Coming back home, I never thought I’d be moonlighting as a wine bar singer, but that’s exactly what I got to do last Friday.
The venue was Vines and Friends, a classy new bar here in town and conveniently located just minutes away from my house. A few weeks ago, a good friend of mine and fellow musician introduced me to the place, and we both ended up auditioning for the manager on the spot. Thankfully, we got the nod of approval, and I scheduled a solo show for June 29.
Fast forward to the 29th: I arrive at the venue running a little late from work, with gear piled in the back seat and my bro in the passenger seat as my faithful roadie. After a few technical difficulties, which involved running home to grab a new mic to replace a faulty one and securing said mic to the stand with a plethora of hair bands, I was ready to go. What followed was a bit of a blur, as I sang and strummed through ever cover I knew (and several I didn’t) over a 3.5 hour marathon set.
Getting to catch up with high school friends
My parents and family friends coming out to support me
Finding out my high school wrestling teammate was the chef of the bar
Serenading adorable couples and “setting the mood” ;)
Chit-chatting with my brother and other patrons in between sets
Improvising a cover of “Freebird” twice (!!!) for a warm group of classic-rock lovers
Hearing a whole bar sing “sha la la la la” during Van Morrison’s “Brown-Eyed Girl”
Tackling “Someone Like You” in a lower register and doing it justice
Debutting a new song, which got a positive reception
The smiles of patrons as they came up to drop a few dollars in the tip jar
Experimenting with my lower register, especially on Bob Dylan’s “Make You Feel My Love,” Magnetic Fields’ “Book of Love,” and John Mayer’s “A Face to Call Home”
Duetting with one of the waitresses during Jason Mraz’s “I’m Yours”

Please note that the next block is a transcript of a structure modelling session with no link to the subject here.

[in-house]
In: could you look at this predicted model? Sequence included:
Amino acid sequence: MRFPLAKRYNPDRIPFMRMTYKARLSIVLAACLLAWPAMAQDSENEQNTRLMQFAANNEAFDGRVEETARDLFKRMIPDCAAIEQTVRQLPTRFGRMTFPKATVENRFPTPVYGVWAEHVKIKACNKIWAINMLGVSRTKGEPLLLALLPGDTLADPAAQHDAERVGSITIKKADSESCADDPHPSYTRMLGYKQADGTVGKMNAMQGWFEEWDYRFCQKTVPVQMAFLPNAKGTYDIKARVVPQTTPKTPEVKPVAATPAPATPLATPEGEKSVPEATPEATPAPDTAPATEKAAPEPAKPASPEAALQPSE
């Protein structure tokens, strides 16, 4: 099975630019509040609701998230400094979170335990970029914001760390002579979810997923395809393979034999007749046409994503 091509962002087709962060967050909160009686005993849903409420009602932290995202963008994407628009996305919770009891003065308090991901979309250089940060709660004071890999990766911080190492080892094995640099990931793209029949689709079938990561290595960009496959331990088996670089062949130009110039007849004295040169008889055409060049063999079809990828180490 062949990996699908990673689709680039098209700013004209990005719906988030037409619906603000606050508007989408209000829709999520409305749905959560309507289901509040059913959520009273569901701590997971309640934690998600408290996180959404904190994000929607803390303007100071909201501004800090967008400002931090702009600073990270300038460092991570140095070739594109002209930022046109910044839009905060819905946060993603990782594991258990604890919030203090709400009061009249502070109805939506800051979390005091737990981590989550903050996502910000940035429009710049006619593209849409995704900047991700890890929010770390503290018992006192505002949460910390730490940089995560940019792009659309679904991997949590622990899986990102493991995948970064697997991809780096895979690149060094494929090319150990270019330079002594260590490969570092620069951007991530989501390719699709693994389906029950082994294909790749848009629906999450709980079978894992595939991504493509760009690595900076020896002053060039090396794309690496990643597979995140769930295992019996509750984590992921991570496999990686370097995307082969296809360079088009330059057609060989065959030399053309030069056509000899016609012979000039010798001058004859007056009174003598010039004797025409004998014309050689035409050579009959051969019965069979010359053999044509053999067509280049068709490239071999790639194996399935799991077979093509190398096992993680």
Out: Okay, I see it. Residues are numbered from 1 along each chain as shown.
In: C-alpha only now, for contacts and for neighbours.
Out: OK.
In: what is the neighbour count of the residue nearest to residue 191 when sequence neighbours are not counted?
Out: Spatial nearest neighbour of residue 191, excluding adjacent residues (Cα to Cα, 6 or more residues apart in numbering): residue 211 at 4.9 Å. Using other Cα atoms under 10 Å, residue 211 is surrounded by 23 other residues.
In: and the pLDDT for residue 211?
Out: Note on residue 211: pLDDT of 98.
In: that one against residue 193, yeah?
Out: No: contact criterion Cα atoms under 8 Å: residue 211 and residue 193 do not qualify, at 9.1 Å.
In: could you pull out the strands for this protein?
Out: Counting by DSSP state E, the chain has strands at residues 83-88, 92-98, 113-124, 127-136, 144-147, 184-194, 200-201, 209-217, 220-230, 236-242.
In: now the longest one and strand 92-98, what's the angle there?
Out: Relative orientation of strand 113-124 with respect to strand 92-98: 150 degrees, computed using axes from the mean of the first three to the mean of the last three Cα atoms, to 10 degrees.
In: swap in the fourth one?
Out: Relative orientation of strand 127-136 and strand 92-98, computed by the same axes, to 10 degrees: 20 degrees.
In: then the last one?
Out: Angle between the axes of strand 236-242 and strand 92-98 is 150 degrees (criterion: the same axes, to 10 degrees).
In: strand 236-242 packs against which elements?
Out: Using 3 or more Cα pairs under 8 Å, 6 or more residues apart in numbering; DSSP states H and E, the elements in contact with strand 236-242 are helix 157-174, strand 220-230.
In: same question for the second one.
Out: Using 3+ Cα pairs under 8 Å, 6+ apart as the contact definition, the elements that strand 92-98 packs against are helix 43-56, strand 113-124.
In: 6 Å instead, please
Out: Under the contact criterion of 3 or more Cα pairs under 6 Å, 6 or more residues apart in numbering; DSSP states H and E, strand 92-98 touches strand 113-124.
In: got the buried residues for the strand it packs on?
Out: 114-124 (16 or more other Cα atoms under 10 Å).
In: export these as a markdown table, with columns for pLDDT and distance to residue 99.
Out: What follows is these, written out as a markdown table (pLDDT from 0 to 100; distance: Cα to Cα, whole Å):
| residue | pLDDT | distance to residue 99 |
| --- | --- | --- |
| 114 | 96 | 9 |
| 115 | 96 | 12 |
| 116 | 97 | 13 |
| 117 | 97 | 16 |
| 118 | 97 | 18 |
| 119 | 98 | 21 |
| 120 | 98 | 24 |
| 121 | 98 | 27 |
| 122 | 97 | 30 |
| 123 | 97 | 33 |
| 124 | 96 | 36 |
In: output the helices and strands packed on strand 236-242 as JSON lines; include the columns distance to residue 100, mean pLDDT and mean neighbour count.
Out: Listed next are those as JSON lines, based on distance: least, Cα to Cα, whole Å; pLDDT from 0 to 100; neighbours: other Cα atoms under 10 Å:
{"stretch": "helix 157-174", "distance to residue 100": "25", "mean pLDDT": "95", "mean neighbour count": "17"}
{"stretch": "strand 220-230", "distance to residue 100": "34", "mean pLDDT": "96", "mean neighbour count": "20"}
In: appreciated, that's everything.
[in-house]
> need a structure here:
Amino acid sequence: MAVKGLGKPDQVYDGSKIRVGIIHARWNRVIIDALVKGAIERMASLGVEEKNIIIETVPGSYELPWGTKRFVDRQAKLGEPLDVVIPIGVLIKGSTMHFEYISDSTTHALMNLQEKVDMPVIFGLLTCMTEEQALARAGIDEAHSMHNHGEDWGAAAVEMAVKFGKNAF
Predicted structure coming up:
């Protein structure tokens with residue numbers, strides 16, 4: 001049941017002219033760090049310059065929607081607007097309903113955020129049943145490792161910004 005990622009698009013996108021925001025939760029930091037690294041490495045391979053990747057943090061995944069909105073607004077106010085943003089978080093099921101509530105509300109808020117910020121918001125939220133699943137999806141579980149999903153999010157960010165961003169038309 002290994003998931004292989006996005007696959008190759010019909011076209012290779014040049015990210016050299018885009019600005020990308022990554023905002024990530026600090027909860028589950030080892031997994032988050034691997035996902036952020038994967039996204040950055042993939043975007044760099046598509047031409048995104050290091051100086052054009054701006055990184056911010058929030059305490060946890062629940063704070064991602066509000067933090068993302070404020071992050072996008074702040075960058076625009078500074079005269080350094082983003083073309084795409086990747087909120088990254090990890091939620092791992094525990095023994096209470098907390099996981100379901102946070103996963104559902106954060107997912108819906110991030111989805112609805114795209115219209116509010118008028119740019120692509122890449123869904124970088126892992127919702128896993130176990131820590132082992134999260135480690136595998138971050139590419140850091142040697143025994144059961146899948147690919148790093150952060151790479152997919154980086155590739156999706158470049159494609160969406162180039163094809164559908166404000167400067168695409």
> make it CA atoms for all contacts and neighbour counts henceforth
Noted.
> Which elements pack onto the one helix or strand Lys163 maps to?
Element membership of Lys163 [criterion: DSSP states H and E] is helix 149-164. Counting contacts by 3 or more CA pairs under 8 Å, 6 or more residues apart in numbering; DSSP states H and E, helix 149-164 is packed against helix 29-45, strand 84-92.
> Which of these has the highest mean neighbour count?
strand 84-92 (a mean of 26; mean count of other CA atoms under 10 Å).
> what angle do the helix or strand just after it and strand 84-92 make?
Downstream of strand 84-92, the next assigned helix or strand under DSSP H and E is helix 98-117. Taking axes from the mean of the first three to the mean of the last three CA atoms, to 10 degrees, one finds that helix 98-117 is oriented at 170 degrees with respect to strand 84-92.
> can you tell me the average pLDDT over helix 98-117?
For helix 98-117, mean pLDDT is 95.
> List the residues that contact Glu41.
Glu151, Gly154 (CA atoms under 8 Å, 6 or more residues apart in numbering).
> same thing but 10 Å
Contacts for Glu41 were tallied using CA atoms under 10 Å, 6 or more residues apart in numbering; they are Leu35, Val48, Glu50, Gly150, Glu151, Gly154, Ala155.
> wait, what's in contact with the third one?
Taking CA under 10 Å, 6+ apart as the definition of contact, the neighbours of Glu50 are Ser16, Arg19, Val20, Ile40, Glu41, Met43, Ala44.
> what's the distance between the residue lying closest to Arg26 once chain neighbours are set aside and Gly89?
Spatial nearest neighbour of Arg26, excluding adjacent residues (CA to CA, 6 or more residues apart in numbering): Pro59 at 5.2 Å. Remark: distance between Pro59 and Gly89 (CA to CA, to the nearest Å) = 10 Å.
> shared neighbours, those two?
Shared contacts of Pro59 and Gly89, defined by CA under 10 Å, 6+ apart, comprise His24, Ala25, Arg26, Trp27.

The couple at the end of the night that had especially awesome taste, requesting Ray Lamontgne and Ryan Adams
Playing guitar as a fellow California transplant belted Pink Floyd’s “Wish You Were Here”
The gracious patrons that came up to me to compliment my performance
Meeting the owner of the venue, who enjoyed my performance
Getting a delicious turkey panini on the house
Earning $148 in tips and feeling totally humbled and grateful in the process
All in all, it was a truly wonderful night and a great learning experience. I’m so grateful to have found such a warm and welcoming venue to perform in :) I look forward to honing my performance craft at Vines and Friends over the next year — I’ve already booked a couple of shows in August with the gracious manager at the venue, Bee, and I’ll be doing a jazz jam with my friend next week. But most of all, it’s great to be reminded of the immense joy to be found in sharing music with others. At the end of the day, it’s all about the love of good music and its incredible power to bring people together.
Till next time…
P.S.: I’ve got an online concert coming up next week, Wednesday, June 11, 8 PM PST at livestream.com — just tune into http://livestream.com/andrewplanmusic when it’s game time and I will be right there on your screen and in your monitors, serenading you in real time. I’ll also be raffling off two limited edition Andrew Plan t-shirts during the concert :) Hope to see you there!
hanging out with friends at Stanford my last weekend in Cali :)